Well they obviously play a big role in his development. We've seen versions of Supes in alternate worlds where he was raised by others and turned out very differently. Your parents play a huge role in your development over the years, for better or worse, and obviously having Ma & Pa around played a big role in shaping Superman.

So without them, he apparently becomes a douche.

Edited by THEBlaqueBasterd

@Jekylhyde14: I also get the feeling with this move... Morrisons tryin to "Batman" him.. give him more edge.. but edge with meaning, resonance.. think about it, losing the only two ppl on the planet who know what &who he is &the "best ppl hes ever known" &theyre gone..&all he has left is his parents dying wish that he be a gift to the world... &for all his powers he hasnt a clue how to do it.. Hes got no heritage or means to access it...(a slow discovery/meeting Kara?)

I think this &the JL Supes r gonna be pretty interestin coz he really... Hasnt got a CLUE what hes doin ..Hes just playing it by ear.. goin off instinct..which he USED to do as his M.O. in the old BoyScout days all the time, but for the first time EVER..it actually makes sense.. I ideally would wanted Ma Kent around..but this is ten times more interestin &I look forward to where its goin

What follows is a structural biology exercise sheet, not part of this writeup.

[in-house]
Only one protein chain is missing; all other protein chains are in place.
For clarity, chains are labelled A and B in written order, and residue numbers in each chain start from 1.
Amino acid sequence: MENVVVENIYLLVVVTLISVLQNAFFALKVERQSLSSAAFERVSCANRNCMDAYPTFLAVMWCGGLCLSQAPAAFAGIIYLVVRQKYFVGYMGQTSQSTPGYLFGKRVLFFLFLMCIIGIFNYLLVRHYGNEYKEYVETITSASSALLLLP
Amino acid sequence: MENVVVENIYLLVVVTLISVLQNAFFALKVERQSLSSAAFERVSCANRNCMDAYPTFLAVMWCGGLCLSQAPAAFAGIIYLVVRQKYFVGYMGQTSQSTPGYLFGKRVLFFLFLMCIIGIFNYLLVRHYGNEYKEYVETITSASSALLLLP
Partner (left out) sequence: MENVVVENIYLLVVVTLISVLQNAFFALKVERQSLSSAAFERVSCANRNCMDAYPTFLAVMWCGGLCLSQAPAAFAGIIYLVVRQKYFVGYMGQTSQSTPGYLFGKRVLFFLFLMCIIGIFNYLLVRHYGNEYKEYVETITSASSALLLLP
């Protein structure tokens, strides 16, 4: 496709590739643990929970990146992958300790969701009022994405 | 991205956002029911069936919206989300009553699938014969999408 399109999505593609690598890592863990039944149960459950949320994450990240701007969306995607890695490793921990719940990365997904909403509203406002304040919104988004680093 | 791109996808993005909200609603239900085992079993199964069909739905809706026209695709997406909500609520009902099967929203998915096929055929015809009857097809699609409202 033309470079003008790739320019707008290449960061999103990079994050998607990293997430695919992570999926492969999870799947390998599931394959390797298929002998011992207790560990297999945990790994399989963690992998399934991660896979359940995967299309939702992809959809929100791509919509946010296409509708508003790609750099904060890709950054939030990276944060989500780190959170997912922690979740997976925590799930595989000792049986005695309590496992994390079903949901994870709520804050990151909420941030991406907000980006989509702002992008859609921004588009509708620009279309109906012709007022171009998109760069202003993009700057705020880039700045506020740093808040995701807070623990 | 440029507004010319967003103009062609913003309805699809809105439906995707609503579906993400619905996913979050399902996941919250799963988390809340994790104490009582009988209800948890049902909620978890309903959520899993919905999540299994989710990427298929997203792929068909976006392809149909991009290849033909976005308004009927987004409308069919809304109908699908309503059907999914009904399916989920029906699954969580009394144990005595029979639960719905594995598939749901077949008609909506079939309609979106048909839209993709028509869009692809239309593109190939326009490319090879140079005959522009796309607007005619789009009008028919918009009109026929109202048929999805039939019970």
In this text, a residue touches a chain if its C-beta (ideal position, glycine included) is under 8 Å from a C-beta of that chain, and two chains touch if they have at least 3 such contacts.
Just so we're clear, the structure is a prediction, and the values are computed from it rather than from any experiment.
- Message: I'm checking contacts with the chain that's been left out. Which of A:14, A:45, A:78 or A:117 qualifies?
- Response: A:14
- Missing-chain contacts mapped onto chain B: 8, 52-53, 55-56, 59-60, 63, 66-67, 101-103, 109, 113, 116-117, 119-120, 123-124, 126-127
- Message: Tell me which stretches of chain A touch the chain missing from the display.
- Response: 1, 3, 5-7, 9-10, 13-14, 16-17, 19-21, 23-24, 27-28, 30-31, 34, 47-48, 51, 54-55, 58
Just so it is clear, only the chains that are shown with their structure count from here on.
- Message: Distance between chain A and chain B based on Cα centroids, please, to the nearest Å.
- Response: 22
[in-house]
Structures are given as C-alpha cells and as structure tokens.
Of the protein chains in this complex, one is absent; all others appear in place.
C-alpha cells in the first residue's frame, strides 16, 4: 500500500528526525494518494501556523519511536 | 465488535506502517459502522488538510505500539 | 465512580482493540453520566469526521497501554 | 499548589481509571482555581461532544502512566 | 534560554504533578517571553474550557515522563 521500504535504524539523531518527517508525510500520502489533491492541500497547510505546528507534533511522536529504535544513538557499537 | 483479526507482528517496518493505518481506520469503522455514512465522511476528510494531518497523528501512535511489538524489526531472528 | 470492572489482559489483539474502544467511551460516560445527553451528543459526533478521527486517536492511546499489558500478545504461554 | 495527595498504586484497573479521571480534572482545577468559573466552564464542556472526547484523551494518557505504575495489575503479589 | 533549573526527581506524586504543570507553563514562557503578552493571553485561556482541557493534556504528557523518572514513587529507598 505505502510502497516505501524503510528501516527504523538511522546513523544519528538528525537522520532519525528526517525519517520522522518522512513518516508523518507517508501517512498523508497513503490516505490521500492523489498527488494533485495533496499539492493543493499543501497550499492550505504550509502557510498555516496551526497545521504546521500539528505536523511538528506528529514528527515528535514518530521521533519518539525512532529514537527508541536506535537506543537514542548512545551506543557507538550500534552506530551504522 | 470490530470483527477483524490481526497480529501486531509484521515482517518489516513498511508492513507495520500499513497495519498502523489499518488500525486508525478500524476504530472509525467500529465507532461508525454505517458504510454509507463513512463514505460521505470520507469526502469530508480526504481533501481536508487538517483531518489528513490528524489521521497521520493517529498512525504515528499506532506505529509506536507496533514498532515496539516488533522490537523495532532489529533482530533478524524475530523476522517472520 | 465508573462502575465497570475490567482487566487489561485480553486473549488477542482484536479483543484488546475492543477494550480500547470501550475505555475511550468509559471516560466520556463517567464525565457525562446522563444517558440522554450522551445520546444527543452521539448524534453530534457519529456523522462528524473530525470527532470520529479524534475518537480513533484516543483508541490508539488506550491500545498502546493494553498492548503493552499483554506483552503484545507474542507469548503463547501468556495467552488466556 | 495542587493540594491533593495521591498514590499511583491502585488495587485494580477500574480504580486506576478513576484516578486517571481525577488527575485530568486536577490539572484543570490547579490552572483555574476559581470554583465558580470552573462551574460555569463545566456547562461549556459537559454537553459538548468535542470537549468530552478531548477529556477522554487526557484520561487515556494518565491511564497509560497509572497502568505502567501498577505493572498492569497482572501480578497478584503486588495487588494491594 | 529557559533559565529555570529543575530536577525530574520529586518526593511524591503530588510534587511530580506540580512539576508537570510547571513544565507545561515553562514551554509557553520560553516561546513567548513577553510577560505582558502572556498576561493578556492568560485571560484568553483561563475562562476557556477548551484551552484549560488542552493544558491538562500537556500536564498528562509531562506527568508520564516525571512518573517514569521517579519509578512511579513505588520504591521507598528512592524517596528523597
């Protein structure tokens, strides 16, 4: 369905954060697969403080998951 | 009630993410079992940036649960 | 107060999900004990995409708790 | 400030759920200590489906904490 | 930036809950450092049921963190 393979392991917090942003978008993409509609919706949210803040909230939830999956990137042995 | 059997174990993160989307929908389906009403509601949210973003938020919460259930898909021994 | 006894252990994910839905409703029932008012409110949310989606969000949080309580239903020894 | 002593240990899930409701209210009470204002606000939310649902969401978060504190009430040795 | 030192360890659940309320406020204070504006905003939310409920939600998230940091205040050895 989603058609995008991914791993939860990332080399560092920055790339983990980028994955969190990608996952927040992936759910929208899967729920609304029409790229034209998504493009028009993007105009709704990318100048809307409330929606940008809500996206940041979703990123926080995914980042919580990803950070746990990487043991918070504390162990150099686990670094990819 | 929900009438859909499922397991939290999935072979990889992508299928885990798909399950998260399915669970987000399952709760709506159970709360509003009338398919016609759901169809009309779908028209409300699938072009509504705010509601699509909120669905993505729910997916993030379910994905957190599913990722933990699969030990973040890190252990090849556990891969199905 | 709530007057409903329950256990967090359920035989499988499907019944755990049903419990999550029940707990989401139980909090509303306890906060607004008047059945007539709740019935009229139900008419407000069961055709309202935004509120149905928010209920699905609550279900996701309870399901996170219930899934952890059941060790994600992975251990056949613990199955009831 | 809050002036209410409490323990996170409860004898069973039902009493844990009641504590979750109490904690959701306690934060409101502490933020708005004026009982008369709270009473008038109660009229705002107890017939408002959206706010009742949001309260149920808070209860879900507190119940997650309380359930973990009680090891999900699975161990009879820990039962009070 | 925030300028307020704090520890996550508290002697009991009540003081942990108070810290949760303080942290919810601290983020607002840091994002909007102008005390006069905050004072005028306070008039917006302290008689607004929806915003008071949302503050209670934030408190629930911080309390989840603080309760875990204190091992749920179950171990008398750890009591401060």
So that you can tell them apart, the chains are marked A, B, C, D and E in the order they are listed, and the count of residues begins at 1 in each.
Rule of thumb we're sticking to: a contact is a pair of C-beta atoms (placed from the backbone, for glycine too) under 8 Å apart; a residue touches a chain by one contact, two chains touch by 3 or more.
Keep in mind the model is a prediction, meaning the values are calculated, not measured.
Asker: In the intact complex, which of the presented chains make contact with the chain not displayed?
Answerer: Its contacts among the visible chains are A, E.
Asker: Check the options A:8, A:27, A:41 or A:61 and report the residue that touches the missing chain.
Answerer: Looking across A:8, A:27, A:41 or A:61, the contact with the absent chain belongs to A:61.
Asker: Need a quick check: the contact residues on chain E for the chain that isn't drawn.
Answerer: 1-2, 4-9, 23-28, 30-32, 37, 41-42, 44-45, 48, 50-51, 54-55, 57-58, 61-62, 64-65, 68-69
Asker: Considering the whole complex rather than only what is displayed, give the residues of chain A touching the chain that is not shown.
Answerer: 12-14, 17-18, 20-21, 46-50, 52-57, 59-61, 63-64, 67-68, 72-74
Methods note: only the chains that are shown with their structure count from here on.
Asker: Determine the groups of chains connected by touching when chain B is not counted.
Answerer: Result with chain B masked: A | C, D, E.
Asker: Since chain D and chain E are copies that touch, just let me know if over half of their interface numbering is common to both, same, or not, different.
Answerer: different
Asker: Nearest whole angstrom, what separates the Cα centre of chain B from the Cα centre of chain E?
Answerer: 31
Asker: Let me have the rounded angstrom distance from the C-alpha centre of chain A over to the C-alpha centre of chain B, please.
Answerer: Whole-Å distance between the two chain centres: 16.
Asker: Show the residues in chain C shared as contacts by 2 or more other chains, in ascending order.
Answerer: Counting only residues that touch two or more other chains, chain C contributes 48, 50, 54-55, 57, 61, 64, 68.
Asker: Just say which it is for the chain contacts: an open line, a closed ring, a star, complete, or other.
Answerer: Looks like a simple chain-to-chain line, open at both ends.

Edited by Shamelesslysupportinaznballers

@azza04 said:

His logic, or his code that he lives by is useless to the human race of this day and age.

True, people in this world don't have super powers but it doesn't prevent them from acting super. We have people that are unable to care for themselves, we have good samaritans everyday looking out for their fellow man and I can go on and on. We would be a society of murderers and thieves without people acting "super". Superman is suppose to represent that because of the qualities and morals that his parents instilled in him. Without it he's just another Wolverine.

Posted by ArtisticNeedham

I don't want them dead. I like him being able to go home and talk with them. Originally in the comics they were dead... I think there was even something about him being in a Foster Home instead of parents. But I liked him having a support system at home. But I think his parent's deaths might have lead to his anger.

Posted by Primmaster64

Dudes...this is how the original Superman was...Hell the original Superman actually killed criminals.

Posted by SicKid

@Enzeru: Why is that in order to be a "cool" superhero nowadays you need to be a cynical, dark, and gritty asshole?

Posted by Enzeru
@SicKid said:

@Enzeru: Why is that in order to be a "cool" superhero nowadays you need to be a cynical, dark, and gritty asshole?

It's not about being cool.
It's about doing what has to be done. 
Posted by SpidermanWins

Superb article. Great points. So true. I think that Superman may yet find some guidance in Mr. and Mrs. Kent- type figures that will set him on the right track in the new 52

Posted by kfhrfdu_89_76k

If we talk about A universe, I think that resurrection man has come back the most.